In my Twitter world, I am @pepepacha. My focus in the Twitterverse tends to be professional (i.e. education) unless certain political or social topics bite me (like Prop 8 banning same sex marriage). One string of messages I send out to my Tweeple deal with lessons I have learned in my Karate School that apply to my job as a Middle School Math Teacher. There have been many, but tonight I am thinking of the role that self esteem and perceived confidence your instructor has in your ability to improve.
I have been studying karate for 1.5 years and have been moving through the belts at the expected pace (just behind my son). Mondays are devoted to learning Kata (which are the all the routines) and Wednesday to sparring (application of Kata, at least in theory).
I am horrible at sparring.
At first I did not even want to try it. I am not learning Karate as a self defense art. I have never been in a fight in my entire life.
But there was increasing pressure for me to take up sparring and stay with the rest of the class. The first month I was allowed to be horrible, to shy away from punches and show fear, because I was new. Somewhere down the line, it became a running joke to see me sparring and in fact, that was ok with me as I was not terribly invested in learning greater skills.
But as I progress in my belts, it has seemed to me that I should also be improving in sparring. I have felt increasing tension from within as I reflexively shy away from the punches instead of blocking them or step backwards in retreat rather than forward in attack. A few memorable punches have left me injured after a class and limping around for several days afterwards.
Recently, I have started to come to class with a single focus. Today I will not turn away. Today I will do a double punch instead of retreat. Today I will try to kick a little more. The problem is that this single mindedness does not help a whole lot in sparring as my opponents possess so many more skills that I that when I focus on one, they use another and wipe me out.
About three weeks ago I noticed that the Karate Professor had perhaps given up on me. He used to tell me to focus, to watch for the left punch, or to celebrate the little things that I did right. He stopped doing so and instead just kind of laughed it off.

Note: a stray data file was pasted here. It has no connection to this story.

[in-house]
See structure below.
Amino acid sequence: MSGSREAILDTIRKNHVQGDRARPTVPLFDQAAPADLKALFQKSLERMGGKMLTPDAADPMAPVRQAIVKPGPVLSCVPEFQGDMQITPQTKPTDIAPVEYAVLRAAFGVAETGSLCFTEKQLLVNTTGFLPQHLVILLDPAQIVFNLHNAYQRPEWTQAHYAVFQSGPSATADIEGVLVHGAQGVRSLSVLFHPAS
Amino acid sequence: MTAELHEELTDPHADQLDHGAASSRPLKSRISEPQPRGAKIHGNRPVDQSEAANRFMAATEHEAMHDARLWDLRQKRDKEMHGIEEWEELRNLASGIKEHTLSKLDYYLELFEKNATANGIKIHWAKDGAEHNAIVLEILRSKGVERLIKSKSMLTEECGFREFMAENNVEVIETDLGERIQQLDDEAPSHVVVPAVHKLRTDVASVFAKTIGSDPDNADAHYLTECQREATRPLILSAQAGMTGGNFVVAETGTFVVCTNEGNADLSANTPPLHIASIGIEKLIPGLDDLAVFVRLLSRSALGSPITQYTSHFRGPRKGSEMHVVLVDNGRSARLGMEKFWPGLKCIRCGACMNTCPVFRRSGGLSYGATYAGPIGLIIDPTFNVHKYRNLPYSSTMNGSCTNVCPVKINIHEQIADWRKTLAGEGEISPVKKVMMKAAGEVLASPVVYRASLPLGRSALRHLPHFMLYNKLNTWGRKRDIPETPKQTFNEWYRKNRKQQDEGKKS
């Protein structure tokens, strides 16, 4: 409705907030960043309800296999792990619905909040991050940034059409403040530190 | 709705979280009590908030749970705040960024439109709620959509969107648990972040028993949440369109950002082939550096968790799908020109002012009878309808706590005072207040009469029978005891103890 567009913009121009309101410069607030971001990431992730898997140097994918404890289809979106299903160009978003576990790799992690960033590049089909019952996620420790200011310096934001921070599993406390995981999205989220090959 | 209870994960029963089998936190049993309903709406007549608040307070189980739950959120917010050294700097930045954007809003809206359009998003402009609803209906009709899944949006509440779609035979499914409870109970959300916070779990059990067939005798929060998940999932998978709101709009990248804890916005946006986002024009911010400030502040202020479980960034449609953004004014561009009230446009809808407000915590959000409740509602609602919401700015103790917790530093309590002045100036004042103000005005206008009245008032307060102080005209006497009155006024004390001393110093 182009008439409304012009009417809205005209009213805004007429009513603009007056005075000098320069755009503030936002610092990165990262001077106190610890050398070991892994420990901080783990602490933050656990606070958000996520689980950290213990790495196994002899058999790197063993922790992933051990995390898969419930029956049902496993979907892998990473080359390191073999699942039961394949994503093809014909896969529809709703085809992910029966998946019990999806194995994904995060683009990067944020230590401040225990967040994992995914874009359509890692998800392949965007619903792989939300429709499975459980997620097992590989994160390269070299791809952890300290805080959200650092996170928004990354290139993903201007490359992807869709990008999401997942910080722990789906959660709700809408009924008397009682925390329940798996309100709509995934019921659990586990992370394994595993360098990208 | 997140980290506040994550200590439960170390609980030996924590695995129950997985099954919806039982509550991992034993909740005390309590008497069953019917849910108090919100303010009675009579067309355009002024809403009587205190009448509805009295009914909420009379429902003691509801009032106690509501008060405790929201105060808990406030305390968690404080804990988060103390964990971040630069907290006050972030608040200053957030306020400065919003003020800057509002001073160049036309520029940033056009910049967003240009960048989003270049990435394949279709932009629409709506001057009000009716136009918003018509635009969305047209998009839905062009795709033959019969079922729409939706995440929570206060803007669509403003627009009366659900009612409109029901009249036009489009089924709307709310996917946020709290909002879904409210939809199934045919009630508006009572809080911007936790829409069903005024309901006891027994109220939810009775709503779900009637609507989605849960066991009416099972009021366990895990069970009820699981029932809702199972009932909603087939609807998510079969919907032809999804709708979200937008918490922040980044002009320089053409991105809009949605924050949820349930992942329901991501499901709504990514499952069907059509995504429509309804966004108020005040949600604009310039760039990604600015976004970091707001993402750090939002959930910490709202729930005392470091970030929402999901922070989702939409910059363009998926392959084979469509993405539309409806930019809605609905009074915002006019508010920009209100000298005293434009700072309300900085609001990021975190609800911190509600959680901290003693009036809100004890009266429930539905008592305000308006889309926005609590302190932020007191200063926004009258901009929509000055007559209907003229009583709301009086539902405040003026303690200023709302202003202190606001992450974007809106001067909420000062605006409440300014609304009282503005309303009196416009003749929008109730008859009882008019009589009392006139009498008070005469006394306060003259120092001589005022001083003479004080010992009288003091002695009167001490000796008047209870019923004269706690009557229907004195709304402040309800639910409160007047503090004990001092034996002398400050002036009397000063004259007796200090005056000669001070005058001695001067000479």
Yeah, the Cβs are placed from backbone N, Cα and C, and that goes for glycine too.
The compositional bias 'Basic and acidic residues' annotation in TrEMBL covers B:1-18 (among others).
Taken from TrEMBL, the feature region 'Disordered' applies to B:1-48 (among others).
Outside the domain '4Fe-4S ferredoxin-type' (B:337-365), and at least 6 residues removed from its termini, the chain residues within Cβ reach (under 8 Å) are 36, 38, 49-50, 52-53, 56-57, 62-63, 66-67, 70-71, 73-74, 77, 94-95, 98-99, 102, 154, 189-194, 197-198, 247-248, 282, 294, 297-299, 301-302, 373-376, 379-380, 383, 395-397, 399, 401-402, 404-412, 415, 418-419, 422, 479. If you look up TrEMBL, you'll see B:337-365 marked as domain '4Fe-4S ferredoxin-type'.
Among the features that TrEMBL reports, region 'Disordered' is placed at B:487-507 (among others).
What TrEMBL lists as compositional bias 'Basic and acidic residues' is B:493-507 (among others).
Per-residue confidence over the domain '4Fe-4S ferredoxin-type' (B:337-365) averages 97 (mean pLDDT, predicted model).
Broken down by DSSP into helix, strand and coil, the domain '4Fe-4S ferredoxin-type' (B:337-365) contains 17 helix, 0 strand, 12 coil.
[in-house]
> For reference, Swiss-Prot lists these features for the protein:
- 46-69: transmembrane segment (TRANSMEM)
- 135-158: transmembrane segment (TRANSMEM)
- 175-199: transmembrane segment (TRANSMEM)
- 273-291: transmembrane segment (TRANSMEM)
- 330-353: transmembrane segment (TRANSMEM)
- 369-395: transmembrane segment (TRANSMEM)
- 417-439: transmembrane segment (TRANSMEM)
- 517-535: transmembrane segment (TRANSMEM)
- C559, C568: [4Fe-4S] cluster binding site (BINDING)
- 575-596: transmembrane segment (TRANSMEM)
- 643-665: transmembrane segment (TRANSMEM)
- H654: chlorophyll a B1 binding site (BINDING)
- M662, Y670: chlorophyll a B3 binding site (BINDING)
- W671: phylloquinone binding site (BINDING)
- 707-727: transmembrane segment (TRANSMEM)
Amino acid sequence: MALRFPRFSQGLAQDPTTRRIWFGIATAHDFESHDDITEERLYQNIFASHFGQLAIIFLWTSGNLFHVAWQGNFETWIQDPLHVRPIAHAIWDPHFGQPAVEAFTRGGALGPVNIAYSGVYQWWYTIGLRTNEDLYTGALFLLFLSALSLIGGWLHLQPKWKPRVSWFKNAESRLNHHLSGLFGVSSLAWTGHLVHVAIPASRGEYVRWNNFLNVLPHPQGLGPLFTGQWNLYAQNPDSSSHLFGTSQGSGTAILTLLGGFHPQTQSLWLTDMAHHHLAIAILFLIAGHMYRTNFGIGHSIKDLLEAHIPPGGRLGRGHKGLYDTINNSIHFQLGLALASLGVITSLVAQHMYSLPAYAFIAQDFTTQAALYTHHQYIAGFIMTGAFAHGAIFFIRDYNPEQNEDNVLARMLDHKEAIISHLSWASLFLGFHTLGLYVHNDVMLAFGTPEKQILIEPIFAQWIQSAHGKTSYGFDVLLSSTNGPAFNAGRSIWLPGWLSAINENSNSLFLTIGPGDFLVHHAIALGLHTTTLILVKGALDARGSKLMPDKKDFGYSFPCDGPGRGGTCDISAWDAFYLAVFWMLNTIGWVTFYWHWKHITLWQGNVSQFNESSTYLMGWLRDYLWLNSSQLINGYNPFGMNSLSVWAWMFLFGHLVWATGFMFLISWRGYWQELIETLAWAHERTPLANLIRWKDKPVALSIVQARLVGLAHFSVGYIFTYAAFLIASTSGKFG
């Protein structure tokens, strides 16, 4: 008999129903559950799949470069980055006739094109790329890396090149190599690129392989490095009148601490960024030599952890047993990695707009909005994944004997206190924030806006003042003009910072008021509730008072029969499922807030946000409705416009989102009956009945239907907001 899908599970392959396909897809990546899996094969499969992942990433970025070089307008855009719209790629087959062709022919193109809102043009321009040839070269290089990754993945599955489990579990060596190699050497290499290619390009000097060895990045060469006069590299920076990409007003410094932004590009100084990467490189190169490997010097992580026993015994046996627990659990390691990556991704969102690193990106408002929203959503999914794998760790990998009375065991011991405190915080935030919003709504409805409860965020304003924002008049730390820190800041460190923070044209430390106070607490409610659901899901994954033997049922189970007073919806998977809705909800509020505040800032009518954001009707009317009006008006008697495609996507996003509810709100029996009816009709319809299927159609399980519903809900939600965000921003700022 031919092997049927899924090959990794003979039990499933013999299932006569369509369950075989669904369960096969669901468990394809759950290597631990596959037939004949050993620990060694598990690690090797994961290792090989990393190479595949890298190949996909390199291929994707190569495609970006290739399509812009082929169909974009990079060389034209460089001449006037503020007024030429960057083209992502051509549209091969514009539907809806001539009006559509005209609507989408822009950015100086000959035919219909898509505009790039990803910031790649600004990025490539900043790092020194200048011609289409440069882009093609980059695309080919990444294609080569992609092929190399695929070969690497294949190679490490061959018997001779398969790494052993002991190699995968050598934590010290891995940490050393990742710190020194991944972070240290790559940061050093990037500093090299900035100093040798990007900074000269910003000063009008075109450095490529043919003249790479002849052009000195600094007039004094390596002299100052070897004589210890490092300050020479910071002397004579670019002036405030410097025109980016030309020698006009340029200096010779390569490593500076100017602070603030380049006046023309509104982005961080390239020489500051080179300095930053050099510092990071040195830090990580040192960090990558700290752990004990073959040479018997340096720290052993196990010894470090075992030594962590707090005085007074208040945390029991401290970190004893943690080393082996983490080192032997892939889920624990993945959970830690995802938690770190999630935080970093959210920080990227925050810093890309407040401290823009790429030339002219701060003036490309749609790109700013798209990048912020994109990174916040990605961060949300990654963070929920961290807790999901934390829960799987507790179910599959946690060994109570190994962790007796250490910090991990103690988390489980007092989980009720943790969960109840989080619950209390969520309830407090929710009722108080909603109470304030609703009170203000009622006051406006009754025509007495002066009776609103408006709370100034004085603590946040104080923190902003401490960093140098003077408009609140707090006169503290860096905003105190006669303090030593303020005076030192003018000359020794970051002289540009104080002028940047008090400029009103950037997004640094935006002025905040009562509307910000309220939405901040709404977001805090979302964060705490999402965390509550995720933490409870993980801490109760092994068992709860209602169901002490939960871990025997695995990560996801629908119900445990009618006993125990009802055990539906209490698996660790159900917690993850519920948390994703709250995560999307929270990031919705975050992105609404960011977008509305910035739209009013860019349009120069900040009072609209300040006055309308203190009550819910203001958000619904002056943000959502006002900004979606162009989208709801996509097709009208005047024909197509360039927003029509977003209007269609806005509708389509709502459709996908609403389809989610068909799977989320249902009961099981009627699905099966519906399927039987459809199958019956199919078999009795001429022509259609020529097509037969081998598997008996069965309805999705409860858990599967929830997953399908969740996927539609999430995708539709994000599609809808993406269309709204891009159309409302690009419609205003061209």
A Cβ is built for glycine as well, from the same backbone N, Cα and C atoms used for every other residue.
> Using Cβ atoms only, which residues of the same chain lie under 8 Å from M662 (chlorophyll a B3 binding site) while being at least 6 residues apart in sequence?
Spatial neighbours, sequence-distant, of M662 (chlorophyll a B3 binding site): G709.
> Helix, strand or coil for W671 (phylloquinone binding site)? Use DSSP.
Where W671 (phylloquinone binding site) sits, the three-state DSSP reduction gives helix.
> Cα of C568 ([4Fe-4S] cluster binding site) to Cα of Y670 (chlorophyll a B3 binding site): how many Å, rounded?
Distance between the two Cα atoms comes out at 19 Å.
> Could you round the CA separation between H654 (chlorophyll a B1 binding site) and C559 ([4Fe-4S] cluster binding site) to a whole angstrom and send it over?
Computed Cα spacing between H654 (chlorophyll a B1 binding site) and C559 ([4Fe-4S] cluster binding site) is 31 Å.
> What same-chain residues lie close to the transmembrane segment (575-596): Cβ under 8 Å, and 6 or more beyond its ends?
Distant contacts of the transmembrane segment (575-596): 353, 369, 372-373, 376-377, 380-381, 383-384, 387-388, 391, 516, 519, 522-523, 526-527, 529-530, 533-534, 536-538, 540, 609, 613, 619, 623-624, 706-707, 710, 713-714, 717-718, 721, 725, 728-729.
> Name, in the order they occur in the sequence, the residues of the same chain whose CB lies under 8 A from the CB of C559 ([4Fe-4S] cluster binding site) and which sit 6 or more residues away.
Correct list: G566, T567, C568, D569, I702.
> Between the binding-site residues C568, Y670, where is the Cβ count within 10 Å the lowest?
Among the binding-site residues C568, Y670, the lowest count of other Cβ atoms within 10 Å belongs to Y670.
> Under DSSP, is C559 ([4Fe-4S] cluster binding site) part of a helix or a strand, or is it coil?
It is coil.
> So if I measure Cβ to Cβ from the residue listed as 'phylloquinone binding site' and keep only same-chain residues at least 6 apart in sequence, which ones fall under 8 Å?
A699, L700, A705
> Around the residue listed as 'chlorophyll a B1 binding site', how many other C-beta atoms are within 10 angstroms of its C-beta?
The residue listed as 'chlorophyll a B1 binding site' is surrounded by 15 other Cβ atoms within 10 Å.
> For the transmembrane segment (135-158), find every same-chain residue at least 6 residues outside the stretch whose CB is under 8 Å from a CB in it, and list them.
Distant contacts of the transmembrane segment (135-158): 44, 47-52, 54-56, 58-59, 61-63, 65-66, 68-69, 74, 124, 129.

To be honest, it is comical, but as of late, I am not feeling the laughter to be helpful.
I tell myself that at 46 years old, I don't have to worry what others think or why I choose to do the activities that I do. I took up karate at a later age. I have proven myself capable of keeping up with the basic curriculum. I enjoy the Kata and the challenge of learning the new routines. I enjoy my classmates as well.
But I hate sparring and try as I may, I don't manage to apply the Monday lessons to the Wednesday practice.
And the fact that the Karate Professor may be seeing me as a lost case does bother me still after all these years.
The thought in my head is a combination of congratulating myself for persevering while at the same time questioning my ability to improve even in small increments in the sparring arena. Most of all, I am trying to tease out why I feel I need some modicum of teacher confidence in my ability to move forward.
So the lesson I am pondering this evening is who of my students in my 7th and 8th grade math classes feel the same about themselves in my class as I do on Wednesday Karate class. More importantly, what can I do to celebrate the little successes they have.